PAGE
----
Kevin McHugh aka Ambivalent: Grounded
Kevin McHugh, aka Ambivalent, returns to Glasgow to talk all things M_nus, his latest mix, and his recent tour of India
Ambivalent, less well known as Kevin McHugh, returns to Bigfoot’s Riverside party this month. A key figure in Ritchie Hawtin’s M_nus imprint, the past few years have seen him drop some of the most affecting and intriguing tracks on the seminal label, as well as helping to expedite Hawtin’s new Plastikman setup. He has recently completed a tour of India, and created the first mix album of his already illustrious career in the form of _ground. We caught up with him ahead of his Glasgow reunion.
What are you most looking forward to about coming back to Glasgow?
The Glasgow crowds have been some of the most demonstrative and outgoing I’ve ever played to. The people have such a warm and raucous energy, they’re so unrestrained and expressive. I remember dropping an Octave One track in my first set in Glasgow and people went nuts like I’d played Billie Jean. That shows you so much about the kind of people you can look forward to engaging in Glasgow.
How was the India tour? Do you have any particular highlights?
It might be hard to define a highlight of my India trip, because the trip itself was a highlight of my year and maybe my time as a DJ so far. The energy of that country is so enigmatically contagious, and it has the same level of charm that you find in Indian people. I’ve felt warmly welcomed to almost every place I’ve visited but this was a kind of genuine openness that I don’t have a comparison for. I think the culture there has gone through so many shapes and phases that it’s a learning experience just going a half a mile down any street. I feel lucky that I went, and I’m desperate to go back.
What is the most intriguing record you own?
One of my favourite parts of my collection is all the old 60s synthesizer records — when synths were so new and edgy that you could just put out a recording of experiments with the instrument, and not even worry about composition, just to let people hear the sounds. My favourite among these is Entropical Paradise by Douglas Leedy, a 6-sided vinyl box set made at UCLA on the legendary Buchla 200 synth system by Don Buchla. It’s just plain weird at times, gurgling bleeping and whining with no discernible musical structure, and other times serenely beautiful. What I love about the record is that it was released by Angel, the arch-historical classical label.
You have a new release coming out on Minus12 soon, can you tell me a little about the process of making _ground - the inspiration, the production of the mix and how you feel now that it is finished?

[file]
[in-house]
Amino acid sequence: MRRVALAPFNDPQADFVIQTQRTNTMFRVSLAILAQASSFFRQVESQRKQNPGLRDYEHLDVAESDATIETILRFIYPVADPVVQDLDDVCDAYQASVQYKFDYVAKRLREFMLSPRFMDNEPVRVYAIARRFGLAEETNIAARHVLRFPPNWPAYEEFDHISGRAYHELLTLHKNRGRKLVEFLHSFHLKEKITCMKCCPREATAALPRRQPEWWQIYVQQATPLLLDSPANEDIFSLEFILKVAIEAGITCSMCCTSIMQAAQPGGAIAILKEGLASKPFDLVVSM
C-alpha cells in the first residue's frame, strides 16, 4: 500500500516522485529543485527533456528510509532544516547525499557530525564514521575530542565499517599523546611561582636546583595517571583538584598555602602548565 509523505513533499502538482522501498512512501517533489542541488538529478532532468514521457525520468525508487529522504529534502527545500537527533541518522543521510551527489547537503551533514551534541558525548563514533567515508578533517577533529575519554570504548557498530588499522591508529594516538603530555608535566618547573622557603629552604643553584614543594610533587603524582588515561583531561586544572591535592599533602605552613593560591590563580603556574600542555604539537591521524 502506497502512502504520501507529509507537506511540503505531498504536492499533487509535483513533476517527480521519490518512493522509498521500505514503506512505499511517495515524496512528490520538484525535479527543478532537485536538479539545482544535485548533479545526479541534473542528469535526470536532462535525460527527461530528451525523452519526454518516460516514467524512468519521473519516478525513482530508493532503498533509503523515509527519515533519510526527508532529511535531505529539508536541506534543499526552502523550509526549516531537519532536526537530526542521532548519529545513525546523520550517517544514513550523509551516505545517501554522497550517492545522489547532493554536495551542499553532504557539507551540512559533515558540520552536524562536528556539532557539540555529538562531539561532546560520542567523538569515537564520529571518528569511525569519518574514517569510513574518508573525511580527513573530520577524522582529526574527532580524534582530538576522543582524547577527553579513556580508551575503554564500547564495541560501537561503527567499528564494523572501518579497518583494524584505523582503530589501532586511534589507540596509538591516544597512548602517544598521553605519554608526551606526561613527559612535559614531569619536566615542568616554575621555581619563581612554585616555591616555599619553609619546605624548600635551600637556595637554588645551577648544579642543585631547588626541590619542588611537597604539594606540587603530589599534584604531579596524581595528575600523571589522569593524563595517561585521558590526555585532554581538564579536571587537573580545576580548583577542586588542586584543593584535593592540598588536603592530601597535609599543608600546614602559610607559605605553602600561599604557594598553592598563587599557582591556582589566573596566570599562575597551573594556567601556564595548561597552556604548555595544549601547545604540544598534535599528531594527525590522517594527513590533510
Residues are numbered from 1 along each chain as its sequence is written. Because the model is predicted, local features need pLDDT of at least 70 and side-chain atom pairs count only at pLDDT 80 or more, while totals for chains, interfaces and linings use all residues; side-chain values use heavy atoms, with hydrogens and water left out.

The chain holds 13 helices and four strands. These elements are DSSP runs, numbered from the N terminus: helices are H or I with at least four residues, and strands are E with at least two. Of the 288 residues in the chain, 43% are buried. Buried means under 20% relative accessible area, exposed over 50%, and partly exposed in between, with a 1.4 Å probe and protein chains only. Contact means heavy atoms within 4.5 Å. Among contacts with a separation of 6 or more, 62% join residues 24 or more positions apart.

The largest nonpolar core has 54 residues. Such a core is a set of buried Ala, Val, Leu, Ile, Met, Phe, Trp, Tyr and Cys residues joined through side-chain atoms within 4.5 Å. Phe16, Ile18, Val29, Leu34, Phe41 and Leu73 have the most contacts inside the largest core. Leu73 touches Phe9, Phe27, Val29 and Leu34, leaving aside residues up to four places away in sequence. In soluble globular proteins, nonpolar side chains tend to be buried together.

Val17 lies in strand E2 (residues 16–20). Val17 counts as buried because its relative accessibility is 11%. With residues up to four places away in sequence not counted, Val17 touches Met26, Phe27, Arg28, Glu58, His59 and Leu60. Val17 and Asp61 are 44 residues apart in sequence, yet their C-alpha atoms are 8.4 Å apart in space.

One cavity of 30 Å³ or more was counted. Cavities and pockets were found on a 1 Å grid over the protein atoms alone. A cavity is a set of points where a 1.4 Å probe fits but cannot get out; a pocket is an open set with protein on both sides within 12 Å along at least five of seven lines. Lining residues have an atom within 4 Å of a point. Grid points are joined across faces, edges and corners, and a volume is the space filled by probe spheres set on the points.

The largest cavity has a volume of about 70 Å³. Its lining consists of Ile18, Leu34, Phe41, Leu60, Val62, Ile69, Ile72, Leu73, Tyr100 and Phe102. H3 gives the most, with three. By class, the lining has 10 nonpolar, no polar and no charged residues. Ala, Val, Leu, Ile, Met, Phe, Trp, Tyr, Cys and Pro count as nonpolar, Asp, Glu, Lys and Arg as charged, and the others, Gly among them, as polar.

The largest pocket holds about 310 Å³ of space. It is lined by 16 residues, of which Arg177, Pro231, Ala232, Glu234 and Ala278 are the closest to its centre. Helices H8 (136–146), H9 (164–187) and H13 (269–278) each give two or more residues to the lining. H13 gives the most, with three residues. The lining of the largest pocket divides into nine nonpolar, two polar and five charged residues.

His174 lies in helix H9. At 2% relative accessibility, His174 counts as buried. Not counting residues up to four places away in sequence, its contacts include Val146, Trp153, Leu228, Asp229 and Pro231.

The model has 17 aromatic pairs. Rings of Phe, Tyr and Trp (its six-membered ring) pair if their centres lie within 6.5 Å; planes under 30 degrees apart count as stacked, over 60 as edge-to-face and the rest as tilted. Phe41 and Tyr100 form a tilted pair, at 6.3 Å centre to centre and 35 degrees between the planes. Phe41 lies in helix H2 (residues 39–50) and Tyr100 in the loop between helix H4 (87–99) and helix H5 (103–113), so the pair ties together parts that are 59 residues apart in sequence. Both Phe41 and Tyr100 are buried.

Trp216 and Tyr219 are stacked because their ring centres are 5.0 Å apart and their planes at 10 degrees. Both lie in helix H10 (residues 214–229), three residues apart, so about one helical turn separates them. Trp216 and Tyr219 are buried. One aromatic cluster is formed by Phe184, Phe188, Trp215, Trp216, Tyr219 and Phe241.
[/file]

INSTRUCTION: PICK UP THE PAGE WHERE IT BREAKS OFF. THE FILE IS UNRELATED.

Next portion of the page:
Well, I’ve been talking to Rich [Hawtin] for a long time about artists I like, and I’ve been trying to find ways to work with them. We batted this idea back and forth for over two years of doing a mix of unsigned tracks similar to what he did with Sound from Can Elles and later with New Horizons. It was an enormous challenge for me to figure out which tracks worked together, which ones were available, what best represented the artists I was selecting, what best represented how I’m playing in my sets. Then when Rich decided to do New Horizons and use it to christen Minus 12 it made sense to build on that so in the end I settled on 21 tracks by 13 different artists, selected and mixed by me and released individually on Minus 12. The mix will be published on a CD that comes out with DJ Mag in Germany. Apparently there are over 25,000 copies of it being printed, which is way more than anything I’ve ever put my name on.
What is your most thrilling musical experience?
Music constantly thrills me. When I saw Terry Riley perform last year I was so incredibly inspired I was completely speechless for hours afterwards. When I heard Plastic Dreams by JayDee in 1994 I was totally thrilled. When I played in front of 6000 people before the Plastikman live show in Ibiza I was buzzing with excitement. But honestly, the pursuit of music is always the pursuit of the next big thrill, isn’t it? We’re all chasing the high we got from a record that warped our brains, or we’re all looking to perform that perfect set in the ideal moment. So in a way, the biggest thrill is the one you’re anticipating next. Because you always want to believe that there’s another big dream moment coming just around the corner.